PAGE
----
I was working on a post, something I had been mulling over the past two weeks, but I have to put that aside and share this. Because it matters. It’s so small, so seemingly insignificant, but it really, really matters.
Lil D came home on the bus today. Since school started up two weeks ago and with my in-laws out of town, I am left to manage the afternoon bus/pick-up schedule by myself most days. With Hamza in kindergarten in a school that doesn’t have bussing, I have to pick him up, which clashes with Lil D’s bus drop-off time.
So many days I’m picking up Lil D in the afternoon and then swinging to the other side of town to get Hamza before going home. The few days when my husband has some time and can get Hamza, Lil D then rides the bus home.
I haven’t minded this erratic schedule so far because I like bringing Lil D home. The afternoon bus ride has always been the most difficult and trickiest for him, especially the last two years. He’s tired at the end of the day and sometimes the bus is hot (and this summer, not air conditioned, which caused me to yank him from the afternoon ride home during the hottest weeks.)
And, as much as I can just cancel the bus altogether and do drop-offs and pick-ups all the time, I like for him to ride – it’s a constant challenge he is dealing with – how to regulate himself, handle a bus ride, sit appropriately and keep calm. But it’s a constant challenge for me as well – keeping a good relationship with his driver and bus aide, making helpful suggestions when necessary and holding back when needed.
It’s really a delicate balance. I want him to ride, but to do so I have to dance the dance with the transportation department. During certain periods when he is having difficulties and acting up on the bus, I pull him off to avoid something bad happening. (Because you never know when meltdowns could turn into aggression, which could lead to suspension. Besides, it’s better for him to take a break during those times.)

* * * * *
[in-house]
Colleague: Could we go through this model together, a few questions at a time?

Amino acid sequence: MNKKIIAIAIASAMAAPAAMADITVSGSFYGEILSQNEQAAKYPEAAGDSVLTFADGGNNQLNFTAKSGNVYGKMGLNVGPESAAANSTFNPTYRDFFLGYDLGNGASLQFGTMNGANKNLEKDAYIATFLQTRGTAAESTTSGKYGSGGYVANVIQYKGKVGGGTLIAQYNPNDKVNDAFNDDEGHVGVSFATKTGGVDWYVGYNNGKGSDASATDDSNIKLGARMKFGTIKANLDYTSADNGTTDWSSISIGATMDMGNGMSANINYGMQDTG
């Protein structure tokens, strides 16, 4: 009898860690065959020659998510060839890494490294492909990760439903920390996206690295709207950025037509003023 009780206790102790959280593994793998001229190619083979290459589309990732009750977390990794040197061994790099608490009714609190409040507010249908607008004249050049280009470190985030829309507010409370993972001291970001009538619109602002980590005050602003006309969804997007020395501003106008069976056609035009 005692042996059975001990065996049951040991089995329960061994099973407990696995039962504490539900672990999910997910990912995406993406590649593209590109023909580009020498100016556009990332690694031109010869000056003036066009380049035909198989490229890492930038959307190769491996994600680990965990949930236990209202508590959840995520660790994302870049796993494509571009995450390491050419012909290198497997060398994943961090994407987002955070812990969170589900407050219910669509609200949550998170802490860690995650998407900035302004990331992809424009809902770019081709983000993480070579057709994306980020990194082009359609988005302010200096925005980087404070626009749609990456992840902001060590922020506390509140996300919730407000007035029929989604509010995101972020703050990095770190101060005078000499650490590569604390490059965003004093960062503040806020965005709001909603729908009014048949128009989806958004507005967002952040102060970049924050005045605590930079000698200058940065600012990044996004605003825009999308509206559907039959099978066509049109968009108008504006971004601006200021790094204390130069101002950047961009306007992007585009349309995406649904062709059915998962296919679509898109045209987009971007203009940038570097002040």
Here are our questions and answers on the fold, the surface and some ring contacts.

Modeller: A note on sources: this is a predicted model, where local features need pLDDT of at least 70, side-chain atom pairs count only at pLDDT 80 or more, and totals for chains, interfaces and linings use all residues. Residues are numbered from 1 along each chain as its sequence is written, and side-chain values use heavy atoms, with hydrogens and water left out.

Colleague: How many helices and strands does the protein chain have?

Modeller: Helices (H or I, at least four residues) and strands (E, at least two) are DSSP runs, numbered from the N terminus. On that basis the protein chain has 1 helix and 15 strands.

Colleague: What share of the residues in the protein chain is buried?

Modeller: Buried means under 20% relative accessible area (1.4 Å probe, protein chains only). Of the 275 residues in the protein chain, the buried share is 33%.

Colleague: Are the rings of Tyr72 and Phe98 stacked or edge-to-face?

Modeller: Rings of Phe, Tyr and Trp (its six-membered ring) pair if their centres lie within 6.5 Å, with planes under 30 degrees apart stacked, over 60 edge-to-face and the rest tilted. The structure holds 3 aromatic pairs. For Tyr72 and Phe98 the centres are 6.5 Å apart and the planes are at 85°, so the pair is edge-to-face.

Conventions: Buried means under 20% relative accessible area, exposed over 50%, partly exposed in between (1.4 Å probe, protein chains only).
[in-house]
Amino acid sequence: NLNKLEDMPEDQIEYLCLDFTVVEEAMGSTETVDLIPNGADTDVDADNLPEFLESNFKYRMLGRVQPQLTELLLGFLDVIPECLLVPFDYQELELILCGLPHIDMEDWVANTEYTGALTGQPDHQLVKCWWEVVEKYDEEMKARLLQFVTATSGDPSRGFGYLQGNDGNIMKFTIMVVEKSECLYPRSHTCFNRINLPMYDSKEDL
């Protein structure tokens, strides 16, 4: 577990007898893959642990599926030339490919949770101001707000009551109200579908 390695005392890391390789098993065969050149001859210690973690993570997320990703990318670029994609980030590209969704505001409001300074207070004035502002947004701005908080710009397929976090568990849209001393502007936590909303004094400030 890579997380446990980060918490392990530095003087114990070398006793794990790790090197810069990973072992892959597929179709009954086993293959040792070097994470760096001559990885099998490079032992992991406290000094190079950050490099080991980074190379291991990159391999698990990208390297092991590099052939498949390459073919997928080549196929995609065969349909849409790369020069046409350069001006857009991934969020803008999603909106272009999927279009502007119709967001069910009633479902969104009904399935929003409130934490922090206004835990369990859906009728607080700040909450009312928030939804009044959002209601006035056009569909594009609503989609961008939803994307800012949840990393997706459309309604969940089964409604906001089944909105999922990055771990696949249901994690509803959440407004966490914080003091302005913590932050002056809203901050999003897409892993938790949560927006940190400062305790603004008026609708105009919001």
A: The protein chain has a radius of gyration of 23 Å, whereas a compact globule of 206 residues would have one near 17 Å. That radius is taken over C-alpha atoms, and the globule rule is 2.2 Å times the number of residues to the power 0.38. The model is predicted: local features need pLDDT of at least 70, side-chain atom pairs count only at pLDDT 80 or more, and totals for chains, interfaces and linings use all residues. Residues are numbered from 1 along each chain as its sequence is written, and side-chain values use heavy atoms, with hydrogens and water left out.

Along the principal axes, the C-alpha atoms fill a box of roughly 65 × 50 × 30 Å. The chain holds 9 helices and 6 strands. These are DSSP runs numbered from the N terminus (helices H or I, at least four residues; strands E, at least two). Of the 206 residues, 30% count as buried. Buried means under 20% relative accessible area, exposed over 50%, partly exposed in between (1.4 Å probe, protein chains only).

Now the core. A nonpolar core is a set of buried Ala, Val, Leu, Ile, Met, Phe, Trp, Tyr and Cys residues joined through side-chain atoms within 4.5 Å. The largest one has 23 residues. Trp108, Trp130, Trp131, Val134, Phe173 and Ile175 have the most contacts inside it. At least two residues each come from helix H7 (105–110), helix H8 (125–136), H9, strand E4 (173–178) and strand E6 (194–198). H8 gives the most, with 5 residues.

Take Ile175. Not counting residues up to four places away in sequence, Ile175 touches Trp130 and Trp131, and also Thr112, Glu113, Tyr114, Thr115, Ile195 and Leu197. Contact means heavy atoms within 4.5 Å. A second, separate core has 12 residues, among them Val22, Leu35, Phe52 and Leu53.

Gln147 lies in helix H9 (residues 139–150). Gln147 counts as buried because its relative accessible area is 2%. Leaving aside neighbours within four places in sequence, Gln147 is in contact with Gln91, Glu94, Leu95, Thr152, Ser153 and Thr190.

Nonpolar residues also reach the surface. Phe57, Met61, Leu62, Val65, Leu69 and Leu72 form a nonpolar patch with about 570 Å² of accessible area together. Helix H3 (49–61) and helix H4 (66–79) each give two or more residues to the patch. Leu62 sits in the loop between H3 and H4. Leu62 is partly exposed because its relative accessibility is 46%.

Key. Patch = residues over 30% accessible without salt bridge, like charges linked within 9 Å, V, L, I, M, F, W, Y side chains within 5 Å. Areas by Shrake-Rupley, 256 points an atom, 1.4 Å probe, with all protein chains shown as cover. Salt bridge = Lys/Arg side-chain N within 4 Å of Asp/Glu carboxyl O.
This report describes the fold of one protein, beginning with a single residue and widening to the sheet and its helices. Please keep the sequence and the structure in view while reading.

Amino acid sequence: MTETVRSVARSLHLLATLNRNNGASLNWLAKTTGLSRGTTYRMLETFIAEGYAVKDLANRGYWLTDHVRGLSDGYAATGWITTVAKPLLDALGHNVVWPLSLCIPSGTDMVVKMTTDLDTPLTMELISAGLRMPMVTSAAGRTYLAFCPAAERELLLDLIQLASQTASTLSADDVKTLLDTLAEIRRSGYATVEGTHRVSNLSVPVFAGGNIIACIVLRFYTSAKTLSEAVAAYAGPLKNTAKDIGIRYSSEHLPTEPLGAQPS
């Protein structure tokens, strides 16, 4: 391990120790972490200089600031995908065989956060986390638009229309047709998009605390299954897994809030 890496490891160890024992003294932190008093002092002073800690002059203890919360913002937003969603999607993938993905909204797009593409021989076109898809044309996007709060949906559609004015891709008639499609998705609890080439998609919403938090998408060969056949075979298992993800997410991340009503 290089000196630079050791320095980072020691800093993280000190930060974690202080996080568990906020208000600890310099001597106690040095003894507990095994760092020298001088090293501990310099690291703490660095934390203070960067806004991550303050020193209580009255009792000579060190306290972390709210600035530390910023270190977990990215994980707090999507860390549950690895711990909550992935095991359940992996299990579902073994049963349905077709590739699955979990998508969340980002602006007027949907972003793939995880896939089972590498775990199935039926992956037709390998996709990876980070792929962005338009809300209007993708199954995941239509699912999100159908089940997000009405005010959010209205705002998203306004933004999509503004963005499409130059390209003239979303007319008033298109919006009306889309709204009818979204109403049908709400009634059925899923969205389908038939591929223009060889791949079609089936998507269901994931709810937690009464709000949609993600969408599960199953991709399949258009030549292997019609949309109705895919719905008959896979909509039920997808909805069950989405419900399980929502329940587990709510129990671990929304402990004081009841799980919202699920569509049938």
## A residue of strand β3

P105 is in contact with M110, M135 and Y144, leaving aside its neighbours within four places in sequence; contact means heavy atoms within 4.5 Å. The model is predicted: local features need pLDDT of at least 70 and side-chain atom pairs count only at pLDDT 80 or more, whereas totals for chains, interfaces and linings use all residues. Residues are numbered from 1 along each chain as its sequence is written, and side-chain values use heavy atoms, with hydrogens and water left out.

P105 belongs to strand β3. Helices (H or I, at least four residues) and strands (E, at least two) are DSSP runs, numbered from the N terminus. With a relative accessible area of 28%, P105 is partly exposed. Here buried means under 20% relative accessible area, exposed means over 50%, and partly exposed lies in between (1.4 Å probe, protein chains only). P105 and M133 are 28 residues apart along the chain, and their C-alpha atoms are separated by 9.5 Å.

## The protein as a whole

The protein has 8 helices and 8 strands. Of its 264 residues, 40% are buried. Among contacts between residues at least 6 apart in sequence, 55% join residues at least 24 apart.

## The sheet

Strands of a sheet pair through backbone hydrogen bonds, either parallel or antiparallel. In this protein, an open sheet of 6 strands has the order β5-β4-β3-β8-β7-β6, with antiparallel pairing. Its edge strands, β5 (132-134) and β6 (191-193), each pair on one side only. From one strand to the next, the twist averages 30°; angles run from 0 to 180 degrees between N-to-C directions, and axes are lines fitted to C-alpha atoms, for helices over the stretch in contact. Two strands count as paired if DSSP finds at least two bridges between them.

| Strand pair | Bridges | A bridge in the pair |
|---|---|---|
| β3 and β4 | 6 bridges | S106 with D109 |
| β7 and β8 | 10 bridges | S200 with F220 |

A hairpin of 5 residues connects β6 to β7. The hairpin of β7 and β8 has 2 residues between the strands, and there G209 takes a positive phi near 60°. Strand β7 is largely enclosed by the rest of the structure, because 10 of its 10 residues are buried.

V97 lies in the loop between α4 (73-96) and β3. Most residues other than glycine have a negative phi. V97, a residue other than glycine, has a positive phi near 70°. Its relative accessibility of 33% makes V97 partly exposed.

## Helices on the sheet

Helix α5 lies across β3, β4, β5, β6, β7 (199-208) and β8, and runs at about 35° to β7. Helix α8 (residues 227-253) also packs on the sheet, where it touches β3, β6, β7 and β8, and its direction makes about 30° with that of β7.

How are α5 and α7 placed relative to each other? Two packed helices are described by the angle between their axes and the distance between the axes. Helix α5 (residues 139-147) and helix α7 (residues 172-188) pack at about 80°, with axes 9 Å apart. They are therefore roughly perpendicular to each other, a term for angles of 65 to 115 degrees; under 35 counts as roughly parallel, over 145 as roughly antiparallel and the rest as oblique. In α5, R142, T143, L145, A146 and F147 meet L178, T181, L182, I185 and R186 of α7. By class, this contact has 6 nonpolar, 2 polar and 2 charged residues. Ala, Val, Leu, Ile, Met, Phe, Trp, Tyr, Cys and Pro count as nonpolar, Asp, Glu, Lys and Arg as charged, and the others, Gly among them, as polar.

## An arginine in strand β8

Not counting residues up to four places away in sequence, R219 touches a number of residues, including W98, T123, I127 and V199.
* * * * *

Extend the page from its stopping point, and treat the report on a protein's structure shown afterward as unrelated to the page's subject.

Lil D’s latest OCD (obsessive-compulsive disorder) behavior has also made his bus ride challenging. For a few months now, he’s been drawing his arms into his shirts, which seems pretty harmless on face value. But, it has become incredibly problematic , especially on the bus where he wears a harness. He wants to draw his arms in, and the harness restricts this behavior, which leads to meltdowns.
So, back to the story — He comes home today, already off the bus and walking up driveway as I walk down to meet him. I turn to go back inside with him when the aide calls me to the bus:
I just want to tell you that he’s doing so much better on the bus! I saw that he wanted to be able to move his upper body around and pull his arms him, and when he couldn’t he was getting upset. So the past couple of times I didn’t fasten the upper part of the harness and just did the lower part. He seems to be handling it pretty well and seems more comfortable.
My face lit up. Thank you! Thank you! Thanks for paying attention to his needs and trying something new out.
Folks – this is the first time in ten years of riding the bus that a bus aide observed something about Lil D and then tried a solution to help him. This. Is. Huge!
Of course he’s had a few great bus drivers and aides in the past, to which I am very grateful for their care. Drivers and aides who pay attention to when he is having bad weeks, who treat him with respect and dignity, who ask me why he does certain things or gets upset from time to time.
But this is the first one who observed what he was doing, how he was uncomfortable and then did something to help him. And it is helping.
I texted my husband this news as soon as I came inside with Lil D. God bless her, he texted back to me.
You guys. You guys! This is the community of care I’m talking about. This is all the heart-wrenching efforts we make to send him out there on his own, to trust those around him to be accepting of him, care for him and help him. This is someone who not just straps Lil D into his seat every day, but watches to see what is agitating him and then does something about it.
These are the small, tiny gestures that mean so much to a special needs child and his family.